regardless of the intentions of the sponsors." She cautioned
conference participants against accepting such conditional
arrangements as substitutes for a boycott.
A portion of the conference dealt with drawing lessons from the
boycott against apartheid South Africa. It took years to implement
this boycott and to overcome the arguments leveled against it. The
South African academic boycott proved to be effective, however,
and an important contribution to the collapse of apartheid. The same
arguments made in favor of the academic boycott against South Africa
apply now-and even more so. Since Israel's version of apartheid is
more extreme than that of South Africa in the 1970s, it is clear that
the arguments for the boycott are more relevant today.
Mona Baker, a British professor of translation studies, set out
principles of who and which institutions should be boycotted. This is
an important issue, because the boycott must avoid the appearance
of discrimination and the risk of dilution due to individually chosen
exceptions. The proposal was to cast the academic boycott as an
economic boycott "to undermine the institutions that allow a pariah
state to fu'nction and claim membership of the international
community." When considering a boycott of, say, tourism to Israel,
Baker noted, "supporters of an economic boycott do not ask whether
the individual hotel workers who are being laid off in Israel are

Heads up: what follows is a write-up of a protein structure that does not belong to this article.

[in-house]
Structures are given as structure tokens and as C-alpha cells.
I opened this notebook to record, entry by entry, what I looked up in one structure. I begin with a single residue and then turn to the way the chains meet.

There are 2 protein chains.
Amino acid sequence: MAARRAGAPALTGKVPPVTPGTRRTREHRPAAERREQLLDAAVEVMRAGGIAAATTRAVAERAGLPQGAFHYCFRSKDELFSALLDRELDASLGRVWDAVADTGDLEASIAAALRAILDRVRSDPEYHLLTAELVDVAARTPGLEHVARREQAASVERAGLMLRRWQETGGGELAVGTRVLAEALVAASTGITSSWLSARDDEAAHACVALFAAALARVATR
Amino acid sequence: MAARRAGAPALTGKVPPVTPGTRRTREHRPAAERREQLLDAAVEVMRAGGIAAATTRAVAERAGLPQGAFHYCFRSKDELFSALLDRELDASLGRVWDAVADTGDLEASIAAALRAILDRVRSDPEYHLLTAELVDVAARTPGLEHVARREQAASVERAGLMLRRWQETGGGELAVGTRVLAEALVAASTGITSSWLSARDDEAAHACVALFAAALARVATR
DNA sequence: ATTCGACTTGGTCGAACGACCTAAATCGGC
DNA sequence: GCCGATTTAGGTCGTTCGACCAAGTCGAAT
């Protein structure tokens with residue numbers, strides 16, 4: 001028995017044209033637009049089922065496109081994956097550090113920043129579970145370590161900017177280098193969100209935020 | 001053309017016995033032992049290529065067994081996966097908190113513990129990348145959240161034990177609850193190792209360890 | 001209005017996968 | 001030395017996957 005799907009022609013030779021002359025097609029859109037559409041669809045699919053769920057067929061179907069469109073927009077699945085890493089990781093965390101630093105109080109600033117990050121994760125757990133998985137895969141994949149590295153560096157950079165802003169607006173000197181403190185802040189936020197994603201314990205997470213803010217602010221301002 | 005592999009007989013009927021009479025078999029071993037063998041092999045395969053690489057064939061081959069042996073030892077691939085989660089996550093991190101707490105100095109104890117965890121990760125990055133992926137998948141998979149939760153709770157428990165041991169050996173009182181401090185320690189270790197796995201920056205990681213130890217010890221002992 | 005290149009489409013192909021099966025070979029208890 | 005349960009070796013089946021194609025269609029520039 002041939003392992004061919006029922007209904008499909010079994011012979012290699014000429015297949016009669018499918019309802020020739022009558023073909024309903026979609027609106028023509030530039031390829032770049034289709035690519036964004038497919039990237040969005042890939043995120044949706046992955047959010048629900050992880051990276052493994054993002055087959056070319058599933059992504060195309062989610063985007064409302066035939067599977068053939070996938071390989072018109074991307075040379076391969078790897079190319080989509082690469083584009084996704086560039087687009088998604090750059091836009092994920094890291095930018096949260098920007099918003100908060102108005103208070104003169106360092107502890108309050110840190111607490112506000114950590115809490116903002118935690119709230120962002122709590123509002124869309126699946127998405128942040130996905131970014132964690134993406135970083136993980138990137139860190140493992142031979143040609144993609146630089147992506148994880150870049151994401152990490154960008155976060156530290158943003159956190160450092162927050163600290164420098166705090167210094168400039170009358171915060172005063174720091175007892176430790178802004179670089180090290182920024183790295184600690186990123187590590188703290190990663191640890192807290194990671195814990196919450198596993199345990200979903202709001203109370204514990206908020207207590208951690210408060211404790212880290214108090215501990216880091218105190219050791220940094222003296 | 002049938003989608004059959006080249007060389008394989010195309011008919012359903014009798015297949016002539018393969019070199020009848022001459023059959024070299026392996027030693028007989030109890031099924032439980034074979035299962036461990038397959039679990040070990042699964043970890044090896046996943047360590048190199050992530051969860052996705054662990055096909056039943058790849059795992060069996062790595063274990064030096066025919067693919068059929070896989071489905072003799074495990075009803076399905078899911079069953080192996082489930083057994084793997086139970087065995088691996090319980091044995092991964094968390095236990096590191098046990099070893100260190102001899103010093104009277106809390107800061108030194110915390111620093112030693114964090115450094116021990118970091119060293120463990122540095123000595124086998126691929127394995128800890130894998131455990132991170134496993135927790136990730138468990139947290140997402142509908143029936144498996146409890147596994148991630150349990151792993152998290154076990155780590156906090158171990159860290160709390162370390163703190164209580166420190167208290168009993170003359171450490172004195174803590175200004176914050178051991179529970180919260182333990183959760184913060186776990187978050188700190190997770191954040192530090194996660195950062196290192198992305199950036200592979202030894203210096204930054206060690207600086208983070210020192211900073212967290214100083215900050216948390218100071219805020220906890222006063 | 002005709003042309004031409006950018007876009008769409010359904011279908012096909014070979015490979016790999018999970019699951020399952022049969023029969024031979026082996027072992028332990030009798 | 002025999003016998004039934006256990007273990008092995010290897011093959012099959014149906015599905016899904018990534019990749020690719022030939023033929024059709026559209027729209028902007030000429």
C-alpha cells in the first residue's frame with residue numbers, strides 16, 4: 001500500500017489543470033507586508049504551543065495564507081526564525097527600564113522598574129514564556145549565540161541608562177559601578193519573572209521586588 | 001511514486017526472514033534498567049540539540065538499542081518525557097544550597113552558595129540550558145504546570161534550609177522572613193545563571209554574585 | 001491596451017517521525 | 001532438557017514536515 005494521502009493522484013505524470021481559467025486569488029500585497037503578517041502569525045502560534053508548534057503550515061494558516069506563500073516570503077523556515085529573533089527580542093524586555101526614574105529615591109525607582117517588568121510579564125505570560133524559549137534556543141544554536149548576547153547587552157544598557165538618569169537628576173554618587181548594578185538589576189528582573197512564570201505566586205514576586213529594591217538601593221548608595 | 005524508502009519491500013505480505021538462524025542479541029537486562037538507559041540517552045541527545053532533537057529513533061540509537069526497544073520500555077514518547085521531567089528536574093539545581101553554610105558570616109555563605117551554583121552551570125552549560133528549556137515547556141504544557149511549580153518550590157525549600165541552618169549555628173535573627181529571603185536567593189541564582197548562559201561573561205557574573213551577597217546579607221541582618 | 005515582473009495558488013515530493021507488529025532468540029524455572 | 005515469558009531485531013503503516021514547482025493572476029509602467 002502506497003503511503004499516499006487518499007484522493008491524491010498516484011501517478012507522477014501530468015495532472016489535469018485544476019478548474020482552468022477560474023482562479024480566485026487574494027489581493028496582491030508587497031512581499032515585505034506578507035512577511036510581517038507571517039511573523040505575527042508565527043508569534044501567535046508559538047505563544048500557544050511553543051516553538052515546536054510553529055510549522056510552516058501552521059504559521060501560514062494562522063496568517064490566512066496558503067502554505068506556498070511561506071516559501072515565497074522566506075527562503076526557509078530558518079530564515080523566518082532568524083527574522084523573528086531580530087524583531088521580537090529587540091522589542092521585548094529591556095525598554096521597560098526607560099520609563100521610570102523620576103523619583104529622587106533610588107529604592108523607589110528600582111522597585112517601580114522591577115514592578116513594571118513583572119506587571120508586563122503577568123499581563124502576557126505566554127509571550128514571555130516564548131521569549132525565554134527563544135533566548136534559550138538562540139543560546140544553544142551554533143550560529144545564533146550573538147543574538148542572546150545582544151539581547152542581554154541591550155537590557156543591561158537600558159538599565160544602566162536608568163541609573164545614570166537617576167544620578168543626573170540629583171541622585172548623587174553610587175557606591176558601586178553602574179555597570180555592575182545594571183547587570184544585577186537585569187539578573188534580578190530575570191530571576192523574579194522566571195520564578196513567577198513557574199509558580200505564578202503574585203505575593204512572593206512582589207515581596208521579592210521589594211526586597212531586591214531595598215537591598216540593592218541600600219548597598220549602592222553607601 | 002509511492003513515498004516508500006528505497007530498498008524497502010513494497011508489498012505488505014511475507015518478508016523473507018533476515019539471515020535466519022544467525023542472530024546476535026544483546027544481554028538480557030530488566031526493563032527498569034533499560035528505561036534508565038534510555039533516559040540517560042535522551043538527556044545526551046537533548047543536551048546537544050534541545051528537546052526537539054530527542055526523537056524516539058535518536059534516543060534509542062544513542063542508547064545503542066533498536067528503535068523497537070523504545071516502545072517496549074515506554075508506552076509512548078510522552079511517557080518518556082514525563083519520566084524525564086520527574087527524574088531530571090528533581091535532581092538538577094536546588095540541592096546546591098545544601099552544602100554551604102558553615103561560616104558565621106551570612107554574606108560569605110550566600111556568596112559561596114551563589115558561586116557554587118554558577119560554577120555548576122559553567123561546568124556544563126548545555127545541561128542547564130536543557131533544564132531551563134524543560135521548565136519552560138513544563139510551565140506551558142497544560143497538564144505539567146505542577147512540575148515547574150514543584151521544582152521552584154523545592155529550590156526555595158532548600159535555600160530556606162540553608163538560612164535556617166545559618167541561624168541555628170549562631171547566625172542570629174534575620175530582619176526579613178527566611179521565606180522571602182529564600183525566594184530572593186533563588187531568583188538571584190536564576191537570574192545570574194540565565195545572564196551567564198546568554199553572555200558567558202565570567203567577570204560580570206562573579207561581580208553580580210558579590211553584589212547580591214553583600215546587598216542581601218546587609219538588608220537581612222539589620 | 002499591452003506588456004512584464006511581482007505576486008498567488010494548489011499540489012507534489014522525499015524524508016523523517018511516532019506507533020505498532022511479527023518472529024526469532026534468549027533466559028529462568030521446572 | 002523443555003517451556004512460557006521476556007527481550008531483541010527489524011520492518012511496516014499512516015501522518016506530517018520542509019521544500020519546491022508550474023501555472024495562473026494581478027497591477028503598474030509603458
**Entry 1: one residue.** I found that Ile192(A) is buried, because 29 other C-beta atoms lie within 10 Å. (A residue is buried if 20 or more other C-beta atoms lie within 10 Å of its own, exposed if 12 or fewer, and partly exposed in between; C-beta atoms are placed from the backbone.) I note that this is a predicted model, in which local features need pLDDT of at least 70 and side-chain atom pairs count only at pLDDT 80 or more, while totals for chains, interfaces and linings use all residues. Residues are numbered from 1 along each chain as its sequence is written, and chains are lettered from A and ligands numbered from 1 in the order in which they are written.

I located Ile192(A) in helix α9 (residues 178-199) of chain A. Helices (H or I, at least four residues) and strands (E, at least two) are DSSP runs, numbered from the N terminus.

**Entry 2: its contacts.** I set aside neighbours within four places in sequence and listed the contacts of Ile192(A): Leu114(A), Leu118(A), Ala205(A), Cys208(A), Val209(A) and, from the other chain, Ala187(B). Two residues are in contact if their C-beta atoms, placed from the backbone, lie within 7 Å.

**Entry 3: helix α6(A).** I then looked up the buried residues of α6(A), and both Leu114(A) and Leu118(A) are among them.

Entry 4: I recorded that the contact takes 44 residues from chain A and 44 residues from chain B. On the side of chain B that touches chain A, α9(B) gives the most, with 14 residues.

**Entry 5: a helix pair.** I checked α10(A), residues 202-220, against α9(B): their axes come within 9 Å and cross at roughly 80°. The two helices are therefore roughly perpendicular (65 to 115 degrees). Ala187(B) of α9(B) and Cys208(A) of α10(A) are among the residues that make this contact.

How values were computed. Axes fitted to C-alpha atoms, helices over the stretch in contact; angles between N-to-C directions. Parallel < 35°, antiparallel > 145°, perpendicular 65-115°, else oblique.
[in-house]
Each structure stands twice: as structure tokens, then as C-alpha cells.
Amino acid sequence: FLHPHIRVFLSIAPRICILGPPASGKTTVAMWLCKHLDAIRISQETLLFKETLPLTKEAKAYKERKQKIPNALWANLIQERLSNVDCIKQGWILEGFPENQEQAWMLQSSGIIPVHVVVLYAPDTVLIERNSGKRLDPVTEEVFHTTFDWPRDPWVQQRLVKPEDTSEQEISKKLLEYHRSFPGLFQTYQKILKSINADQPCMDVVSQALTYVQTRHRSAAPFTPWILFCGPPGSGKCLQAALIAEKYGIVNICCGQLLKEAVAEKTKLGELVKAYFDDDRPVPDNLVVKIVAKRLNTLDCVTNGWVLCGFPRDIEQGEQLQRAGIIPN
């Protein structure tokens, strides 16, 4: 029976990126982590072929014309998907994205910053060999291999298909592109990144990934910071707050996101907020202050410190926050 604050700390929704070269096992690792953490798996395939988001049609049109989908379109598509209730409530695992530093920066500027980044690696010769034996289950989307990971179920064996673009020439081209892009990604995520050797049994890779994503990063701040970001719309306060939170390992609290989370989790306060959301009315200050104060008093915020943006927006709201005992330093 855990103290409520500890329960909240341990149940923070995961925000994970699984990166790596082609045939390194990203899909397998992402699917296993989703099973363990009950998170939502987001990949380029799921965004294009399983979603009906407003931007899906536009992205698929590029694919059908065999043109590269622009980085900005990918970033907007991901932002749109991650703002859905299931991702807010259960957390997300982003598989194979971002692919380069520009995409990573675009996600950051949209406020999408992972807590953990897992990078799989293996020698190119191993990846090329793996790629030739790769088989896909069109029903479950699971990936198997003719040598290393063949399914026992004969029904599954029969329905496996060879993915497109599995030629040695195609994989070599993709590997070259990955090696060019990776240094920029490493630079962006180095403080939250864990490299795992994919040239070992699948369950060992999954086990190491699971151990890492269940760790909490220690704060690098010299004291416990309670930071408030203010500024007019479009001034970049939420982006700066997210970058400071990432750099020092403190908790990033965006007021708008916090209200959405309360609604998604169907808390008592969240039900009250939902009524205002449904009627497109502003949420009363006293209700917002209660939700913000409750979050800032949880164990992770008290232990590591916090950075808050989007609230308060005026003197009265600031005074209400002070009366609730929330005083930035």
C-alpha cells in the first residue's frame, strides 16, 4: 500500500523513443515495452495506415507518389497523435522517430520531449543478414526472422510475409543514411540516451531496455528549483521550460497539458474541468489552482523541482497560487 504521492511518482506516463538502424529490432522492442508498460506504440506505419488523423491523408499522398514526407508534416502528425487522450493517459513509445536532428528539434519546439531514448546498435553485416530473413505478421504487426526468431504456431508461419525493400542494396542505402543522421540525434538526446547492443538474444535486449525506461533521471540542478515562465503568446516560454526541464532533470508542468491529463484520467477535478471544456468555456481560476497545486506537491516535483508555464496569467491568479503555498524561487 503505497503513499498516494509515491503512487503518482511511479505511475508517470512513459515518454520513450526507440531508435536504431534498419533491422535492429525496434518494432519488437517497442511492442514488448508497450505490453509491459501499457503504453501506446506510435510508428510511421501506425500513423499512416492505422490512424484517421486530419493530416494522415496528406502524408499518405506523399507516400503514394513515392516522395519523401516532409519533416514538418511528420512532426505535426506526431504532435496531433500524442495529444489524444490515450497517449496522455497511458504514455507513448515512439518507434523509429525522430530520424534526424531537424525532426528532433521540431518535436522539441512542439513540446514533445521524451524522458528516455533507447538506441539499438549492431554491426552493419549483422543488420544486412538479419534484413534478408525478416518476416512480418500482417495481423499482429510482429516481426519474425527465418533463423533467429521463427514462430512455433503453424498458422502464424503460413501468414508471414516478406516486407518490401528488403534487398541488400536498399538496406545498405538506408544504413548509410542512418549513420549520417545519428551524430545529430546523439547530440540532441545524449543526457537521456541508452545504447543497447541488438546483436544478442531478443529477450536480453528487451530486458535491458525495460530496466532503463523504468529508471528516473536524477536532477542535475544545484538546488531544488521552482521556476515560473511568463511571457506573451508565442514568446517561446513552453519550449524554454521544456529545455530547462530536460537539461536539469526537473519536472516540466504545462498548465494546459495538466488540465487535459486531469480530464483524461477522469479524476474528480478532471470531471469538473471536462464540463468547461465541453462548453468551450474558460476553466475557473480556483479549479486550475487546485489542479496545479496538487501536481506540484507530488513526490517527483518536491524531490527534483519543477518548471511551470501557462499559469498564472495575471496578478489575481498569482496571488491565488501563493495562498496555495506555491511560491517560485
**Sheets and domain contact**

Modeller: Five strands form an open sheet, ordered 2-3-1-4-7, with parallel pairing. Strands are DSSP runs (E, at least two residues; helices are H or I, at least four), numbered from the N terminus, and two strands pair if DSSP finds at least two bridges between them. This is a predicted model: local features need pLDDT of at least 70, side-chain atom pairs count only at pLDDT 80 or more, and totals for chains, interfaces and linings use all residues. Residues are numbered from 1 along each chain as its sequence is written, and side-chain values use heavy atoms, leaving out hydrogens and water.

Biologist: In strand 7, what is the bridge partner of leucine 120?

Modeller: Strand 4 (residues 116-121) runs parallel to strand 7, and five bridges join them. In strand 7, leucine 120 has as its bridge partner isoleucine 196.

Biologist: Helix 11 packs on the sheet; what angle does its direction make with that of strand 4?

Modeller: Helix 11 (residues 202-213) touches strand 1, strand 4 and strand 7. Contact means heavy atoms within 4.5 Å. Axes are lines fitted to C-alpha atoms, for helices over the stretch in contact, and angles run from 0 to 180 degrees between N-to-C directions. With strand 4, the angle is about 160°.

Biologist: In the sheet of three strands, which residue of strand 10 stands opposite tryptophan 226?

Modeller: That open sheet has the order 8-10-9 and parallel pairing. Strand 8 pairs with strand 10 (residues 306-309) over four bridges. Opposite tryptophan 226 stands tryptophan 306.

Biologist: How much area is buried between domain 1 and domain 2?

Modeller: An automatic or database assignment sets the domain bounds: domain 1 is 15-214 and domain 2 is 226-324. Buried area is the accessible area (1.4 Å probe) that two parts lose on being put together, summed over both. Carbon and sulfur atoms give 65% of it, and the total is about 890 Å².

individually for or against the occupation. But we do keep returning
to this question in relation to academics affiliated to Israeli
When cast as an economic boycott, therefore, an academic boycott
implies that all academics at Israeli institutions should be
boycotted, and Israeli academics working abroad would be exempted.
Similarly, non-Jewish academics at Israeli institutions also would be
boycotted. Omar Barghouti, a Palestinian dance company director
and doctoral student at Tel Aviv University, addressed the common
arguments raised against the academic boycott. He, too, observed that
there were no genuine attempts by Israeli academic institutions to
make a difference or bridge the divide. Israeli academics were deeply
involved in the implementation of the Israeli brand of apartheid, he
noted, and the legal profession was particularly complicit in this.
Finally, addressing the claim by opponents of the boycott that it will
hurt those opposed to the occupation, Barghouti made it clear that
such a group was a small minority in the universities. Thus, he
concluded, it didn't make sense to suspend the boycott because of
a handful of individuals.
In the coming months several activist groups will push for divestment,
economic boycotts and an academic boycott of Israeli academic
institutions. Because it seems, on the face of it, to conflict with
values such as academic freedom and freedom of speech, the latter
tactic will encounter most opposition, and opponents of the boycott
may attempt to diminish the responsibility of academics for crimes
committed by their state. In 2005, we will witness the overall call
for the academic boycott gathering momentum, and this will undoubtedly
trigger a sharp and violent reaction. The London conference was meant
to prepare advocates of the boycott with the arguments with which to
address their colleagues, and the means to answer any objections.
Several of the conference papers can be found here: